The Works of Dr. Jonathan Swift, Dean of St. Patrick's, Dublin: Accurately Revised, in Twelve Volumes. Adorned with Copper-plates; with Some Account of the Author's Life, and Notes Historical and Explanatory, Volume 17

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C. Bathurst, T. Osborne, W. Bowyer, J. Hinton, W. Strahan, B. Collins, J. Rivington, R. Baldwin, L. Davis and C. Reymers, and J. Dodsley., 1765

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Page 68 - Grace! impossible! what, dead! Of old age, too, and in his bed! And could that Mighty Warrior fall? And so inglorious, after all! Well...
Page 35 - That gives surprise, and this delight. Humour is odd, grotesque, and wild, Only by affectation spoil'd : 'Tis never by invention got, Men have it when they know it not.
Page 33 - When, among fcholars, can we find So foft, and yet fo firm a mind ? All accidents of life confpire To raife up Stella's virtue higher ; Or elfe, to introduce the reft Which had been latent in her breaft. Her...
Page 57 - I. LEST it may more quarrels breed, I will never hear you read. II. By disputing, I will never, To convince you once endeavour. III. When a paradox you stick to, I will never contradict you. IV. When I talk and you are heedless, I will show no anger needless. V. When your speeches are absurd, I will ne'er object a word. , VI. When you furious argue wrong, I will grieve...
Page 57 - When your speeches are absurd, I will ne'er object a word. VI. When you, furious, argue wrong, I will grieve and hold my tongue. VII. Not a jest or humorous story Will I ever tell before ye : To be chidden for explaining,' When you quite mistake the meaning.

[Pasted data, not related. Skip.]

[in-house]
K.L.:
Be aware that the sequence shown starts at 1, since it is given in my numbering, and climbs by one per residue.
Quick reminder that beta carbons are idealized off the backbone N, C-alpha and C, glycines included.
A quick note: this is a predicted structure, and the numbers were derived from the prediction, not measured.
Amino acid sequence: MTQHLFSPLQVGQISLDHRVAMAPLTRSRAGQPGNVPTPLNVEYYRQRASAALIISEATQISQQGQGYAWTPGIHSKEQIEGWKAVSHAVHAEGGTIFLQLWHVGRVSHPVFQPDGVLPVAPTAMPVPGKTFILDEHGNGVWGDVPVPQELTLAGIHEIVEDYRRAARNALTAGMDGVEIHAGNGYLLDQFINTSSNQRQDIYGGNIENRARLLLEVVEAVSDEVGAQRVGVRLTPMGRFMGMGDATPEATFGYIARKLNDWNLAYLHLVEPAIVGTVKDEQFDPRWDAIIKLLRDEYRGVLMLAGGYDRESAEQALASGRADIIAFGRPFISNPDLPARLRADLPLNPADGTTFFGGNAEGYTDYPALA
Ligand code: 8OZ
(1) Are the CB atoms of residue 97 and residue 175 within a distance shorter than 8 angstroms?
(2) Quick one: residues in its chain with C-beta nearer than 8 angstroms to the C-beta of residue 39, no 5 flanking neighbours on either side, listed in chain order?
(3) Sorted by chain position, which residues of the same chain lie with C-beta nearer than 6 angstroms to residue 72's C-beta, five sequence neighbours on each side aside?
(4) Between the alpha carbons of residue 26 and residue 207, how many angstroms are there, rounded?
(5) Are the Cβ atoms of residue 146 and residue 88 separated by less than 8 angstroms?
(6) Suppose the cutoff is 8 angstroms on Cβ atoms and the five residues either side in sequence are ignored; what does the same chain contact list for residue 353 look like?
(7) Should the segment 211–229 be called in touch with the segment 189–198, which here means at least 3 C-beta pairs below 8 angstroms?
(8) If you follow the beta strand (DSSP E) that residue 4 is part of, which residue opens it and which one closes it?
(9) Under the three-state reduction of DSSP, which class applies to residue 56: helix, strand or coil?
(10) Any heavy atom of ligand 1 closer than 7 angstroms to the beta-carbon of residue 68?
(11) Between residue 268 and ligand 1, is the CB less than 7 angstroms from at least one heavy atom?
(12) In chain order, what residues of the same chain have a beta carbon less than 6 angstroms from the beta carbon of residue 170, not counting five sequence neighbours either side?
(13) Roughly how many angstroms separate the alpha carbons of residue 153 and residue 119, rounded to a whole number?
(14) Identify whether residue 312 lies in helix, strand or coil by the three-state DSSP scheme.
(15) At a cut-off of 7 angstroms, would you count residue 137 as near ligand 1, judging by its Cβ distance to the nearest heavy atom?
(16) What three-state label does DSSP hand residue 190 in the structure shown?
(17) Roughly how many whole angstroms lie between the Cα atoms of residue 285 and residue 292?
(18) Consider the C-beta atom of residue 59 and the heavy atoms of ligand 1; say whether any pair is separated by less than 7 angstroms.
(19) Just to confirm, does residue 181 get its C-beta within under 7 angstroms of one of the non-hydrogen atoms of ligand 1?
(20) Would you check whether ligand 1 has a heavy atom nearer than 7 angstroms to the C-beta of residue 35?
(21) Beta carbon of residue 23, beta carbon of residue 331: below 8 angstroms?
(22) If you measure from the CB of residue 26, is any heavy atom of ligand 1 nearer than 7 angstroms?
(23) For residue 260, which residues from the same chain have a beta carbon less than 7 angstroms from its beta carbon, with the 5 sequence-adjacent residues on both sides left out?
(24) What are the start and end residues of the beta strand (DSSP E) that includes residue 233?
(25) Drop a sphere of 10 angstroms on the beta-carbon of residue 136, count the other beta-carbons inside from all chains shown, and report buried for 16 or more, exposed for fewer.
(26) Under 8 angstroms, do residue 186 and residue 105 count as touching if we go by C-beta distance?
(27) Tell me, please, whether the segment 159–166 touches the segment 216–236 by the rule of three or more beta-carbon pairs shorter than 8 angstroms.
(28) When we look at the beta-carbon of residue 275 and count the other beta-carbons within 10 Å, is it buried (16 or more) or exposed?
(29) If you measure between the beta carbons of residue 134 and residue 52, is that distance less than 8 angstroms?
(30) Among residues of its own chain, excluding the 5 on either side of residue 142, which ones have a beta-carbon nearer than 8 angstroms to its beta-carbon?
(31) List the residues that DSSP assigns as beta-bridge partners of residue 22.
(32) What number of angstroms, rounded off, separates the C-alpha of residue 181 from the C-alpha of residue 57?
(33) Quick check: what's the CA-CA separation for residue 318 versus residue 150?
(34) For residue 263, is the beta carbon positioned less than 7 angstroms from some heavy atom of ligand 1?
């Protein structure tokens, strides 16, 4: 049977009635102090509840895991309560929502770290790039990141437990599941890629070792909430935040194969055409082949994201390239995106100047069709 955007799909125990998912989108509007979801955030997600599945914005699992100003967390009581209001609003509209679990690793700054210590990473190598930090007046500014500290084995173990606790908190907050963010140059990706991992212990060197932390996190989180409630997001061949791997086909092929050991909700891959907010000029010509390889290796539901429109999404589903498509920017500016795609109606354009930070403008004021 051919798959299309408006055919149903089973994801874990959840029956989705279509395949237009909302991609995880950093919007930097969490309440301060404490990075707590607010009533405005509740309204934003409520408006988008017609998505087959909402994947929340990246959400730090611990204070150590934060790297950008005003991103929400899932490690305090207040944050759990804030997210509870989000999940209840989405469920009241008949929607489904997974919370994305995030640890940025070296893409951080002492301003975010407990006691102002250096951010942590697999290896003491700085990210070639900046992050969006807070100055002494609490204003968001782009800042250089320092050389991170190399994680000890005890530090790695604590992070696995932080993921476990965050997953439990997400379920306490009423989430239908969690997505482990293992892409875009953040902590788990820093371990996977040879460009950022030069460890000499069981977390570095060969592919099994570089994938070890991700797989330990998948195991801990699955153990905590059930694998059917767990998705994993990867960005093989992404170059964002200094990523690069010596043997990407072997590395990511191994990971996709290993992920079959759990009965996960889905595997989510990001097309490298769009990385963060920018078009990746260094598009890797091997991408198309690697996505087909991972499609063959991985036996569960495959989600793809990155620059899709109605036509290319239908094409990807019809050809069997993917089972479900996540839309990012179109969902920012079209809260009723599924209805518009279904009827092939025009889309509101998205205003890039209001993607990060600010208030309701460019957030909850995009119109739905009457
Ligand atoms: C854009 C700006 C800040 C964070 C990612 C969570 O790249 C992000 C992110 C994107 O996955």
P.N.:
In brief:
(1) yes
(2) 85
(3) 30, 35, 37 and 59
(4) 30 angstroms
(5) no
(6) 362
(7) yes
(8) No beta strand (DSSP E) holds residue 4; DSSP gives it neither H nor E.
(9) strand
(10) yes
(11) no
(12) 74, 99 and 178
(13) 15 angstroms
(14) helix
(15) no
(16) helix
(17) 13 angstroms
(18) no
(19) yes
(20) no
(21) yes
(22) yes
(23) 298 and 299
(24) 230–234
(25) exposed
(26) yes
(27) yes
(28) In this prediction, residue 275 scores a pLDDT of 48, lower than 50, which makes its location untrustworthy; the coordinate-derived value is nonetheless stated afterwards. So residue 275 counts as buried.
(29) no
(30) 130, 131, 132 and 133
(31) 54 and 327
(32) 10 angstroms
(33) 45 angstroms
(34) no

Page 110 - Antiochus's court. Beau Fielding, at fifty years old, when, in a quarrel upon the stage, he was run into his breast, which he opened and...
Page 69 - Nor widow's sighs, nor orphan's tears, Wont at such times each heart to pierce, Attend the progress of his hearse. But what of that ? his friends may say, He had those honours in his day. True to his profit and his pride, He made them weep before he died.
Page 74 - ... expir'd, Had he not wrote what all admir'd ; What morfels had their malice wanted, But that he built, and plann'd, and planted ! How had his fenfe and learning griev'd them, But that his charity reliev'd them ! " At higheft Worth dull Malice reaches, " As flugs pollute the faireft peaches : " Envy " Envy defames, as harpies vile " Devour the food they firft defile.
Page 69 - Come hither, all ye empty things, Ye bubbles rais'd by breath of Kings; Who float upon the tide of state, Come hither, and behold your fate. Let pride be taught by this rebuke, How very mean a thing's a Duke; From all his ill-got honours flung, Turn'd to that dirt from whence he sprung.
Page 5 - I'll gently steal you from your toils away, Where balmy winds with scents ambrosial play ; Where on the banks, as crystal rivers flow, They teach immortal amaranths to grow ; Then from the mild indulgence of the scene...

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